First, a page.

Revlon Nail Polish $5:
Ethyl Acetate, Butyl Acetate, Nitrocellulose, Tri Benzoin, Isopropyl Alcohol, Propyl Acetate, Acetyl Tributyl Citrate, Stearalkonium Bentonite, Serica (Silk Powder) (Silk Powder), Dimethicone, PPG 2 Dimethicone, Triacetin, Citric Acid, Maleic Acid, Tetrabutyl Phenyl Hydroxybenzoate, Stearalkonium Hectorite, Calcium Sodium Borosilicate, Silica, Alumina, Polyacrylate 4. May contain: Mica, Titanium Dioxide (CI 77891), Iron Oxides (CI 77491, 77492, 77499), Red 6 Lake (CI 15850), Red 7 Lake (CI 15850), Red 34 (CI 15880) (CI 15880), Yellow 5 Aluminum Lake (CI 19140), Ferric Ammonium Ferrocyanide (CI 77510) (CI 77510), Ferric Ammonium Ferrocyanide (CI 77510) (CI 77510), Aluminum Powder (CI 77000) (CI 77000), Bismuth Oxychloride (CI 77163) (CI 77163)
I am interested to know: Do ANY of the above ingredient lists look natural, organic or eco-friendly to you??
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All the eco/natural/organic hype surrounding nail polish reminds me of the story The Emperor's New Clothes.
Products that sit on skin for a long period of time and ones we use daily are those that should warrant our attention, first and foremost. Giving nails time without polish so they can "breathe" is a good idea and using polish in moderation is best. If we wanted to be truly au naturale we'd skip the polish altogether and go buy a good quality nail buffer or we'd follow in the footsteps of health pioneer, Patricia Bragg and never let polish touch our nails. Since most of us aren't willing to do that, if we don't mind compromising on performance (durability, wear), then water-based polishes seem to be a healthier option in terms of personal and environmental health; though be aware that many water-based polish brands don't all appear to be fully disclosing their ingredients, so it doesn't look like we are being told what the real deal is, so it's difficult to make decisions based on only part of the story.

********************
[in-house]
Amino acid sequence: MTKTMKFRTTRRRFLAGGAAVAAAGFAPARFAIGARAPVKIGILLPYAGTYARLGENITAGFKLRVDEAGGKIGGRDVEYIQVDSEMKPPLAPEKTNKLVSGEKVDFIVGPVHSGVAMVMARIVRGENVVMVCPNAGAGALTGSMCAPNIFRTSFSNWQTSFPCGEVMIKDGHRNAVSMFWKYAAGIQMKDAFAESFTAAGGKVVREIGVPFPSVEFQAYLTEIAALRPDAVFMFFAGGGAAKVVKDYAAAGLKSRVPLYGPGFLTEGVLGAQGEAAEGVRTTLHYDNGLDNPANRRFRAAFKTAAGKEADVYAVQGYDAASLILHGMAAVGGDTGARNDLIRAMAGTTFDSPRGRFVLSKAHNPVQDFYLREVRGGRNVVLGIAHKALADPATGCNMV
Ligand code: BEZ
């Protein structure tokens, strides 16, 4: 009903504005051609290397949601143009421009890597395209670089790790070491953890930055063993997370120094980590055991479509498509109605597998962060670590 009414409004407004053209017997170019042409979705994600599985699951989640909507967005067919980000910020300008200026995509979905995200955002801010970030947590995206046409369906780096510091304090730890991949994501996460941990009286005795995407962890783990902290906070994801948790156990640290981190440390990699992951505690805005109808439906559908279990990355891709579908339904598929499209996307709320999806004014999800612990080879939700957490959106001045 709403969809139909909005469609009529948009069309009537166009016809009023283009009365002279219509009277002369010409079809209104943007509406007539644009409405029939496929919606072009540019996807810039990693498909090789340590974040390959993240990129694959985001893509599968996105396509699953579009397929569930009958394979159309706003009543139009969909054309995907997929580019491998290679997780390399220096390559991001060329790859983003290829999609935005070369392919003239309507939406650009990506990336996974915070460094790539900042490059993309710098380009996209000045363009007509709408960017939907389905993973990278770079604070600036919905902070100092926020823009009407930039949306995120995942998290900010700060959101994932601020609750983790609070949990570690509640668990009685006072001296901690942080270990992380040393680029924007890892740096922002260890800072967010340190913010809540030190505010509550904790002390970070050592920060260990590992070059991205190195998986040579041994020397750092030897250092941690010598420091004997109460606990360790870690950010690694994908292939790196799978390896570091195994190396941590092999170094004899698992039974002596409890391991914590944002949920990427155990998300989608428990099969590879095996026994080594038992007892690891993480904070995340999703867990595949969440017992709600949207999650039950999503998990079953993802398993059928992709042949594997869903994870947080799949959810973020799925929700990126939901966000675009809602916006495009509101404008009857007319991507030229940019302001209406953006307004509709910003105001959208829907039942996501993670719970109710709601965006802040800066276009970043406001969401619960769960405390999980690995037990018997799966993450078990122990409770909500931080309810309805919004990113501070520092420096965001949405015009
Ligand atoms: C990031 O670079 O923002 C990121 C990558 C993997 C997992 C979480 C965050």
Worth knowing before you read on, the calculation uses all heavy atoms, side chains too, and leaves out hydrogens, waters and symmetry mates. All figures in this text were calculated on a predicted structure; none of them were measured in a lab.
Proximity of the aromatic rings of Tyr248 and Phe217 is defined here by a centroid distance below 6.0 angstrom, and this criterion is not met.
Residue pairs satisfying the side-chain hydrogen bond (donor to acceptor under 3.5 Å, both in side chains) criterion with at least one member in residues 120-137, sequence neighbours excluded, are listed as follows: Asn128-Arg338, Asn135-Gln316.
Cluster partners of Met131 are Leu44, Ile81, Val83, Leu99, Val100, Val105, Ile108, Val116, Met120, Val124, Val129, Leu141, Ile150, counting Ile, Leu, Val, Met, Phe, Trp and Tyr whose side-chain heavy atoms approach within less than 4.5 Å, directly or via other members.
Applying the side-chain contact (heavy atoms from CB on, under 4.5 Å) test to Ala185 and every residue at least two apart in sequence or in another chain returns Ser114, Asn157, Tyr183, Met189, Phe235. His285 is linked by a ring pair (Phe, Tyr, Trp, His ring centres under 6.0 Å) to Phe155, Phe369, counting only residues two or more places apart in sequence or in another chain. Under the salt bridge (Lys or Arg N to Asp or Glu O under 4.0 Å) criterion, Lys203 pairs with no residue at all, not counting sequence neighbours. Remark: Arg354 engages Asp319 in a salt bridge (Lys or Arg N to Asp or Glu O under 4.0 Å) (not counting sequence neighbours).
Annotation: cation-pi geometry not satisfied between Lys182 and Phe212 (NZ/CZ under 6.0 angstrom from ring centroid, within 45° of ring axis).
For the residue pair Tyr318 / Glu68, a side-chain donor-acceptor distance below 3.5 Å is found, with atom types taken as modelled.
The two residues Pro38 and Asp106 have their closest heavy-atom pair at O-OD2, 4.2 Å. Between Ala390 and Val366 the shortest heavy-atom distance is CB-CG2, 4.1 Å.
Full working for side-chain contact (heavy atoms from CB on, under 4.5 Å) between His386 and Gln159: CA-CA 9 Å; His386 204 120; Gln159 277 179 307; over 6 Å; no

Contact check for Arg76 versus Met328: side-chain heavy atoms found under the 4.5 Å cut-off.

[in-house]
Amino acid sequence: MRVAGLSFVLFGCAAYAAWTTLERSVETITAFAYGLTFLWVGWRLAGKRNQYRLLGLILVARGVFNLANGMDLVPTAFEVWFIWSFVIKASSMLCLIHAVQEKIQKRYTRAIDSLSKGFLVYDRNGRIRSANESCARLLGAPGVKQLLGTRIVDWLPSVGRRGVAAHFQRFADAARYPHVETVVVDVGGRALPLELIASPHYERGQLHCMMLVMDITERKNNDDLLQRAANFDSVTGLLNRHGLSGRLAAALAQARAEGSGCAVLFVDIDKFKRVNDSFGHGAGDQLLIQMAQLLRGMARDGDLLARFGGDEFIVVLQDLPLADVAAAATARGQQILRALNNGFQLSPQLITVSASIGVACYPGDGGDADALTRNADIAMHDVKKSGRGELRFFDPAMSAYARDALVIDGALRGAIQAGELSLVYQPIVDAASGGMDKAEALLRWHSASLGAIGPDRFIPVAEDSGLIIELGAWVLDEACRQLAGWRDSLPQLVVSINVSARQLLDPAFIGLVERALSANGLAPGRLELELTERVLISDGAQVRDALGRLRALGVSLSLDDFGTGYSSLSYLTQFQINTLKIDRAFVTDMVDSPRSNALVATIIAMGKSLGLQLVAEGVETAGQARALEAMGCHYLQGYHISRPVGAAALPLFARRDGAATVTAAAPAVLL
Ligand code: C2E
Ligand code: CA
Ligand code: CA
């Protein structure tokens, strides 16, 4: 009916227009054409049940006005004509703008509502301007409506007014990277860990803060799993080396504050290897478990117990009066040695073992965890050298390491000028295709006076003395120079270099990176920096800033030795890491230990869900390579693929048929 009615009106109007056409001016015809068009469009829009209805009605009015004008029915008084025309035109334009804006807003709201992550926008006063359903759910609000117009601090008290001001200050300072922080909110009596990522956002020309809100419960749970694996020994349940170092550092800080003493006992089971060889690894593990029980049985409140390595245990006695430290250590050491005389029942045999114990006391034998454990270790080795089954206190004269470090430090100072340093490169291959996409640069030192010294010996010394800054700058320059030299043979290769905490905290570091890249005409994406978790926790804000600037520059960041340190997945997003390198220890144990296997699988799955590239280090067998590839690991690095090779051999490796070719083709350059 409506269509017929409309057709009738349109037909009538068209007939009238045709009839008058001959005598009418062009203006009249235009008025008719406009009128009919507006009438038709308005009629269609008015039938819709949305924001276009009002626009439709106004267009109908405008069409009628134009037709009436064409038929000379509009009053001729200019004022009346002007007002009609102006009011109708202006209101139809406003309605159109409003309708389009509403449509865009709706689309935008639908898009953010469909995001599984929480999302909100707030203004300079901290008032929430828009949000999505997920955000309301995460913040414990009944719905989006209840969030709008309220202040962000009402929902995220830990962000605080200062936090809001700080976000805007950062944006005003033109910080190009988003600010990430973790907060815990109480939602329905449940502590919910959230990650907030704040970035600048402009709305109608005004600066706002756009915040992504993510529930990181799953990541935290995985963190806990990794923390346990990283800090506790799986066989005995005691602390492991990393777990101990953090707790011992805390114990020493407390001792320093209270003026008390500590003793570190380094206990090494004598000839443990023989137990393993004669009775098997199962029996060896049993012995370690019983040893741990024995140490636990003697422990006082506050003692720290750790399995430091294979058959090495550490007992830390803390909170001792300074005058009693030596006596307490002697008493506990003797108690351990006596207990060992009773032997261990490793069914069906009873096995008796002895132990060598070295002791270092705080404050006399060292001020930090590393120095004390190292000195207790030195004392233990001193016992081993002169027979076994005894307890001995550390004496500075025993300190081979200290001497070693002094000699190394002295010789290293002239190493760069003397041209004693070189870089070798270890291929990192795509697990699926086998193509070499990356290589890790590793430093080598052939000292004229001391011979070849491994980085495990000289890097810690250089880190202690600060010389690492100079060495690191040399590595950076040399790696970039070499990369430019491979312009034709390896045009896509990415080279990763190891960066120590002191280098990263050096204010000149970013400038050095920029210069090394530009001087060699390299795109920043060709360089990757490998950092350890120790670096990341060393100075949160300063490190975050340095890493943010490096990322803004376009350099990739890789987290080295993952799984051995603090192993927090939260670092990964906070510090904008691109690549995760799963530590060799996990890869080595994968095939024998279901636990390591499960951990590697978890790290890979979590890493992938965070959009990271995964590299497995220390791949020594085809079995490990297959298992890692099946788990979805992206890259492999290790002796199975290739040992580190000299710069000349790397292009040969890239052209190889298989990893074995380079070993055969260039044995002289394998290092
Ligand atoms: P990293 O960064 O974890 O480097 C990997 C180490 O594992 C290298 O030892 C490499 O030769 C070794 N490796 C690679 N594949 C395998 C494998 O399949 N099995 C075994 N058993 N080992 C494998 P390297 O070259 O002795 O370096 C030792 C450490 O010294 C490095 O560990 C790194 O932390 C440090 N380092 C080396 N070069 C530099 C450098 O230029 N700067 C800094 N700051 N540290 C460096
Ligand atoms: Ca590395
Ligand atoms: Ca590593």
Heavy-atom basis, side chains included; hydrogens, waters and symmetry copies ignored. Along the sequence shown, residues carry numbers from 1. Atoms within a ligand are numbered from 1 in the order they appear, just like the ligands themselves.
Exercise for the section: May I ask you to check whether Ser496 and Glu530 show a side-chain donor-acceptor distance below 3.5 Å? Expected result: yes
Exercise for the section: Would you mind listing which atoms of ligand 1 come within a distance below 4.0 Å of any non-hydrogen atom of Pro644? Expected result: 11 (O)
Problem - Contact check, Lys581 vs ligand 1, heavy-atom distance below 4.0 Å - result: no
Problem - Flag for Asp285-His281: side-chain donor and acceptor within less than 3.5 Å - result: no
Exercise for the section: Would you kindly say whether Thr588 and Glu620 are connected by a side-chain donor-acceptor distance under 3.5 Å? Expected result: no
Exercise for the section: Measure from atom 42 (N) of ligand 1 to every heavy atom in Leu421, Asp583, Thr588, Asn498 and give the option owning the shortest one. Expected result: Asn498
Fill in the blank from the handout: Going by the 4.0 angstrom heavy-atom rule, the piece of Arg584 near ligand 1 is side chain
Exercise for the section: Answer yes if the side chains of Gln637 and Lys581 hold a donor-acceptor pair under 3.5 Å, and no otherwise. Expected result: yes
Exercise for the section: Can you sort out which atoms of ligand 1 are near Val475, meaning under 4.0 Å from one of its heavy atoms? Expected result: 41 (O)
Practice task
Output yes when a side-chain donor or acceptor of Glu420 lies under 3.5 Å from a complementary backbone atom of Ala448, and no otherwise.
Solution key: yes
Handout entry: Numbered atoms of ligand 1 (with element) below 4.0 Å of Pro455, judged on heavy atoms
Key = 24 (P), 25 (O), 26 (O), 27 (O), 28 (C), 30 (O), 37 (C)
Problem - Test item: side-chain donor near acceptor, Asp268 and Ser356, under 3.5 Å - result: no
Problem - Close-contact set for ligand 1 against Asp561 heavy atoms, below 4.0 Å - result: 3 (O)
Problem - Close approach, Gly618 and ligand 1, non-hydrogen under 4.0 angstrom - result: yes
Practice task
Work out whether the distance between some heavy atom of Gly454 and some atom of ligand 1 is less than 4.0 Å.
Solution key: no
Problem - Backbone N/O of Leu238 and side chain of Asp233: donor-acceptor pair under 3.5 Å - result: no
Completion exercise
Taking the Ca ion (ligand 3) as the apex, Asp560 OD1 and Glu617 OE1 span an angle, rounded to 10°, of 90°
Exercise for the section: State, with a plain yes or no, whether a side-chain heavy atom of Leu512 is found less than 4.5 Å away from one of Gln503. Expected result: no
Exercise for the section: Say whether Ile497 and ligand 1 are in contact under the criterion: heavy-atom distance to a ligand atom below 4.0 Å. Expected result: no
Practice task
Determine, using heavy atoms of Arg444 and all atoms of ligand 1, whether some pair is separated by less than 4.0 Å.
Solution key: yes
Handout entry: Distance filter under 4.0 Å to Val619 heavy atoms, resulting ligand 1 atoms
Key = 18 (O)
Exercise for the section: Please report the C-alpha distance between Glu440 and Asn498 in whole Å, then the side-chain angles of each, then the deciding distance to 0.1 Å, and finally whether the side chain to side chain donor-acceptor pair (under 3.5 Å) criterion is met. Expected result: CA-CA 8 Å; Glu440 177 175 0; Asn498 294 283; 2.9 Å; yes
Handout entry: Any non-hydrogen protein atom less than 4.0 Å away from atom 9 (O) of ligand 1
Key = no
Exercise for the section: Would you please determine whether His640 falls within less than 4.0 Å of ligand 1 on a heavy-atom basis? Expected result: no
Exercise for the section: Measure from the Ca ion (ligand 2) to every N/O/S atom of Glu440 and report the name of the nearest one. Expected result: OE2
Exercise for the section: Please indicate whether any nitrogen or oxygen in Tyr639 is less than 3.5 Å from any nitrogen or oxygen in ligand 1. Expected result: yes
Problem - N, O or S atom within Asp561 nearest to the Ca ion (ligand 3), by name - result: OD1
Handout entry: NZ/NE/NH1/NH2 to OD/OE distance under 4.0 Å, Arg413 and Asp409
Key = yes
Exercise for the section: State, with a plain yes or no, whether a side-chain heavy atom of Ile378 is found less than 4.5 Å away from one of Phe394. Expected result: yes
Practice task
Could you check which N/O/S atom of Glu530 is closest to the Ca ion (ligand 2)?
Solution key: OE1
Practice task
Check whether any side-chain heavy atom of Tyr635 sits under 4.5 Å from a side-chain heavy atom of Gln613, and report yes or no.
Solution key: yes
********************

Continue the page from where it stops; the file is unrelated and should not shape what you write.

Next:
If we must have high performing, long-lasting color on our nails, solvent-based polishes outperform but let's not be deceived by brands whose ingredients look mostly the same, yet their pricetag is double or triple the price; because they have marketed to us in such a way that makes us believe it is somehow better for us than conventional brands who are also 3-free. The main point here is after you decide what is best for your health, your personal standards and what compromises you are willing to make, be informed and aware of how and why you are spending your hard-earned dollas, instead of being scared into purchasing something for $15 when it could possibly have the same health and environmental impact as a $5 version.
What do you think??
Image credit: 1, 2, 3, 4, 5, 6